As part of working with qmltc, the application should also link against the private Qt libraries. This is due to most of the C++ code for the QML types being private (and thus inaccessible through Qt::Qml and Qt::Quick targets in CMake). While we strongly discourage the use of private API, this is unfortunately necessary at present when working with qmltc. There is an implicit guarantee that qmltc would ensure that the generated code works correctly with the private API. Note that this is only true (and makes sense) as long as qmltc compilation is re-done when you downgrade or upgrade the Qt libraries. In this case of working with QtQml and QtQuick, we need to link against private counterparts of Qt::Qml and Qt::Quick:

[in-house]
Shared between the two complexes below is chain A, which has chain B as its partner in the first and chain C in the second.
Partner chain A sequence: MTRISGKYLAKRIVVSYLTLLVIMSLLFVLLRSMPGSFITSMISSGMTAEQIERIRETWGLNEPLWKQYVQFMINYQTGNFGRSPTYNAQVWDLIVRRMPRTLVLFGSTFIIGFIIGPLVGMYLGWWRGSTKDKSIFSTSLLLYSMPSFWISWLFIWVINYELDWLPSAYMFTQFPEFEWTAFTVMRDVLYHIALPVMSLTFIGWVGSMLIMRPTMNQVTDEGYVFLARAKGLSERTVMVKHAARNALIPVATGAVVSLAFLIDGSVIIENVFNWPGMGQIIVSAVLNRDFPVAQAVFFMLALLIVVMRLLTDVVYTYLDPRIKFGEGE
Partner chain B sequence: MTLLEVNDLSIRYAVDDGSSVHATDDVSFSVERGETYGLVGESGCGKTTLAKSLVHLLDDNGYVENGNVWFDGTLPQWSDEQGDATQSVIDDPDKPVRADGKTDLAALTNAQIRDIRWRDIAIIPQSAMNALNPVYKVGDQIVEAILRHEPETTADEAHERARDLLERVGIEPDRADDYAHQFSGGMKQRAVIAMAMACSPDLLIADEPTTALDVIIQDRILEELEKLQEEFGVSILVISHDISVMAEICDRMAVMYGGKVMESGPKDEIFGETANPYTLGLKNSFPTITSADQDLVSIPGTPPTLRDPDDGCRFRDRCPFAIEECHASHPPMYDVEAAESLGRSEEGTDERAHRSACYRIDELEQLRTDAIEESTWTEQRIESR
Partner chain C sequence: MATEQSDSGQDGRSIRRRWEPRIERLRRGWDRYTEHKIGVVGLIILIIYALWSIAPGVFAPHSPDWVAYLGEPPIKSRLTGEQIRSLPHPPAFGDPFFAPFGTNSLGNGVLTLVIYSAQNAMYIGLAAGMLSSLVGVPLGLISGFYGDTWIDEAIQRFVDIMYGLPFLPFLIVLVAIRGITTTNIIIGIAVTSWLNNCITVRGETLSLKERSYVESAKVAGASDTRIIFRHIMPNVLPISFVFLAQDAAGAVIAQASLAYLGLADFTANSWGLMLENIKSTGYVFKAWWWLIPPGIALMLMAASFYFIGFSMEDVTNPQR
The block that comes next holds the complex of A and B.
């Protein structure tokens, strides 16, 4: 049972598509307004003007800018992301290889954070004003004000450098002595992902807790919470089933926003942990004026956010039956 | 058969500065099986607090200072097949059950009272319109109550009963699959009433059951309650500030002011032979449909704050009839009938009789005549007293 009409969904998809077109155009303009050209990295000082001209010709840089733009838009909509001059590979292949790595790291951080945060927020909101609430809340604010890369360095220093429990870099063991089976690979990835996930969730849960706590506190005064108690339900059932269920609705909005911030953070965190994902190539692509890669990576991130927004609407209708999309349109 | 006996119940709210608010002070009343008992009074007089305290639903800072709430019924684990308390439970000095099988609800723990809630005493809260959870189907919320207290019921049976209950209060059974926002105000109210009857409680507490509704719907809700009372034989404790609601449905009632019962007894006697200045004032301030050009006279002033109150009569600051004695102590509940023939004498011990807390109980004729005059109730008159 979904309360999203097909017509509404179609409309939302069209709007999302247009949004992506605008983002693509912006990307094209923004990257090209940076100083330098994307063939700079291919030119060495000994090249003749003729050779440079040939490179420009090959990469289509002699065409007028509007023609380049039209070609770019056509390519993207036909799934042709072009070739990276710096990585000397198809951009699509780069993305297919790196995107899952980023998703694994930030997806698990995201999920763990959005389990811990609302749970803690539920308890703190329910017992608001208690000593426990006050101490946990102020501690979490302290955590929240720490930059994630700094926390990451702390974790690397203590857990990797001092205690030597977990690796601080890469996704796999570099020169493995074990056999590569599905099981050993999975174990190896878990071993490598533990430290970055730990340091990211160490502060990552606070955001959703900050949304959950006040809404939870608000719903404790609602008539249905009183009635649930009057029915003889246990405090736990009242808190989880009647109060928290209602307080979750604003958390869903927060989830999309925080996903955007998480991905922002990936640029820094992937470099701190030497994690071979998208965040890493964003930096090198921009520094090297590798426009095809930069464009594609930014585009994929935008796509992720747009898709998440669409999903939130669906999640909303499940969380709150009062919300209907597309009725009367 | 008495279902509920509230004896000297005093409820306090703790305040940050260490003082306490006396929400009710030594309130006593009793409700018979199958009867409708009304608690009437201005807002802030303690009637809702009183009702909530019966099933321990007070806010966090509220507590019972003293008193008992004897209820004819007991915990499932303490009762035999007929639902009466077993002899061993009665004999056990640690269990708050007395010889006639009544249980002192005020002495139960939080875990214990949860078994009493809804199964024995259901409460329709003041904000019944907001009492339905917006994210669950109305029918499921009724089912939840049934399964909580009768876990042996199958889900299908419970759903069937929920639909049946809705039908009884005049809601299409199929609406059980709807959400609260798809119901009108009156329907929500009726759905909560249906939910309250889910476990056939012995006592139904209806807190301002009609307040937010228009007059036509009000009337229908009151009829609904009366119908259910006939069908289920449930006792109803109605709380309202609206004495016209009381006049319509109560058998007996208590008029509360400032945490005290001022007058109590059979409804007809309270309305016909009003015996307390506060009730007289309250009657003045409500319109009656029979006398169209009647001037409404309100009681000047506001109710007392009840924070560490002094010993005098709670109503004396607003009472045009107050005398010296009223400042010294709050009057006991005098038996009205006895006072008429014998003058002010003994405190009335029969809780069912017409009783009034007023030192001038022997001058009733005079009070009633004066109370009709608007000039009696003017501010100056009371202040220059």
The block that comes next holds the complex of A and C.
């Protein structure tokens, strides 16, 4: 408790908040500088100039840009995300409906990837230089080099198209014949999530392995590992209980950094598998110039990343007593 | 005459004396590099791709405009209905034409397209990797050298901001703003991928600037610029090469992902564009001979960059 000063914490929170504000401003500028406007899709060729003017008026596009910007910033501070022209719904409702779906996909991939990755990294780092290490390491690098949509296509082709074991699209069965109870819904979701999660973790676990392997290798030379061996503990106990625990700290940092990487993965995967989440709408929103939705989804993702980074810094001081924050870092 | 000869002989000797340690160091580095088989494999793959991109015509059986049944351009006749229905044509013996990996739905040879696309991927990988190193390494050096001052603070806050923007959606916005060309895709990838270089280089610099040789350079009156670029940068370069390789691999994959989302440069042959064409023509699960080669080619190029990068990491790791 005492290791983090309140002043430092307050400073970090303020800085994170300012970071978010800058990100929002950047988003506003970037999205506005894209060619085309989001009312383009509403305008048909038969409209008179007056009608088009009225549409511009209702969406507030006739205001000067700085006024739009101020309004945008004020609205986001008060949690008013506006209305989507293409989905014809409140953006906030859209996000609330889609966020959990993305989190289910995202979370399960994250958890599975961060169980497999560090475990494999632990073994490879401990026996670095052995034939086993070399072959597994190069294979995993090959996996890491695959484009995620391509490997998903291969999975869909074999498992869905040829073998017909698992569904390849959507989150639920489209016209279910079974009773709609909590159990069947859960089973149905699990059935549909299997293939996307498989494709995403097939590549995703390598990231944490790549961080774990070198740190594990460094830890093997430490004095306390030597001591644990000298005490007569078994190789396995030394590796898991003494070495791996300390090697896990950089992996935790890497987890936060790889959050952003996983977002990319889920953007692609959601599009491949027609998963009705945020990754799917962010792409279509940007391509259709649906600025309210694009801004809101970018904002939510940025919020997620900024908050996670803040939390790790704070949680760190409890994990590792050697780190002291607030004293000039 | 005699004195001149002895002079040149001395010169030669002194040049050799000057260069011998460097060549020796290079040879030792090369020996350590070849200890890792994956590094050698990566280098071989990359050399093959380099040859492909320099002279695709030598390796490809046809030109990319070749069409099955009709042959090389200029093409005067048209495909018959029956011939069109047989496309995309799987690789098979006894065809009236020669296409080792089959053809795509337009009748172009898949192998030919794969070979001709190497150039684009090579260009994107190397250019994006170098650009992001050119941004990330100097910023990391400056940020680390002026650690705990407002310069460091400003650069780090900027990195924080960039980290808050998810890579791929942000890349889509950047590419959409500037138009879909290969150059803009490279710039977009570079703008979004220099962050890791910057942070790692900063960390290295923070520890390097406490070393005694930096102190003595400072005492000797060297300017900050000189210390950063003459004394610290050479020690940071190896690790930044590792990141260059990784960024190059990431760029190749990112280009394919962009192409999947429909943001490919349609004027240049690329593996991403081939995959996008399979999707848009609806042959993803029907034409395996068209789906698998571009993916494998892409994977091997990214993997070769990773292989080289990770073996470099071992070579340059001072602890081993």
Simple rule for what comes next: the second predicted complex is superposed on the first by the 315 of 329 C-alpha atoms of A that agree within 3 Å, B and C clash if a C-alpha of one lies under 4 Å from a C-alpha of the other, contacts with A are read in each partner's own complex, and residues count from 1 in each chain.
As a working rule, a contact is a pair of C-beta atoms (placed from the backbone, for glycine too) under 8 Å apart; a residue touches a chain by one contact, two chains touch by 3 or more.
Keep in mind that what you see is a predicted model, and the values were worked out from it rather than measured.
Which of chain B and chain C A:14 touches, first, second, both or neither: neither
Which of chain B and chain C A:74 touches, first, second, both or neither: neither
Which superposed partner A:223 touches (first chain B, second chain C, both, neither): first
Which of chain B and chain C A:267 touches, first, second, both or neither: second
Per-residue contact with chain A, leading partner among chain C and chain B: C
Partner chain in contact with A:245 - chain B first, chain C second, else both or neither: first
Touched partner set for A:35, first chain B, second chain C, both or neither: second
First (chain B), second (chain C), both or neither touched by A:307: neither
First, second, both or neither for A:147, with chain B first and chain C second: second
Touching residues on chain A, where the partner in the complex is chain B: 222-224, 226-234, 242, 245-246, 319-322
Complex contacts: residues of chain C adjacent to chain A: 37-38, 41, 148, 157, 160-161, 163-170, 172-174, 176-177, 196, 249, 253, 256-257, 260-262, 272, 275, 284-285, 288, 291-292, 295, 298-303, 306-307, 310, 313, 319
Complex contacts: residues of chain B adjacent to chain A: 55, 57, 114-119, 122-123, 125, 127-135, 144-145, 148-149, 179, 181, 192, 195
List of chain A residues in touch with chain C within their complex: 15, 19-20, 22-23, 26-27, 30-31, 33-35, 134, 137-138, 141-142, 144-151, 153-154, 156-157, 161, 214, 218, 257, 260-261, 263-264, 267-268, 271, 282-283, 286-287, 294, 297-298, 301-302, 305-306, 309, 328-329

target_link_libraries(my_qmltc_example PRIVATE Qt::QmlPrivate Qt::QuickPrivate)

Application code

The most interesting part of our small application is the source code, QML and C++. Considering MyButton type as less important, let's focus on three things:

  • (since it is a C++ type) a class that creates a color from the random value
  • (since it defines the full UI structure) main QML document
  • (since it contains an entry point of our program) main.cpp

The logic behind the random-value-to-color converter (we call it a "color picker" below) is straightforward: given a double value in the [0.0; 1.0) range, scale it up to the RGB integer value range [0; 256 * 256 * 256) and then interpret the result as a QRgb value (passing it to the constructor of QColor). We can hide this logic behind a dedicated function. Thus, at the API-level our color picker might look similar to this (note that many details are omitted):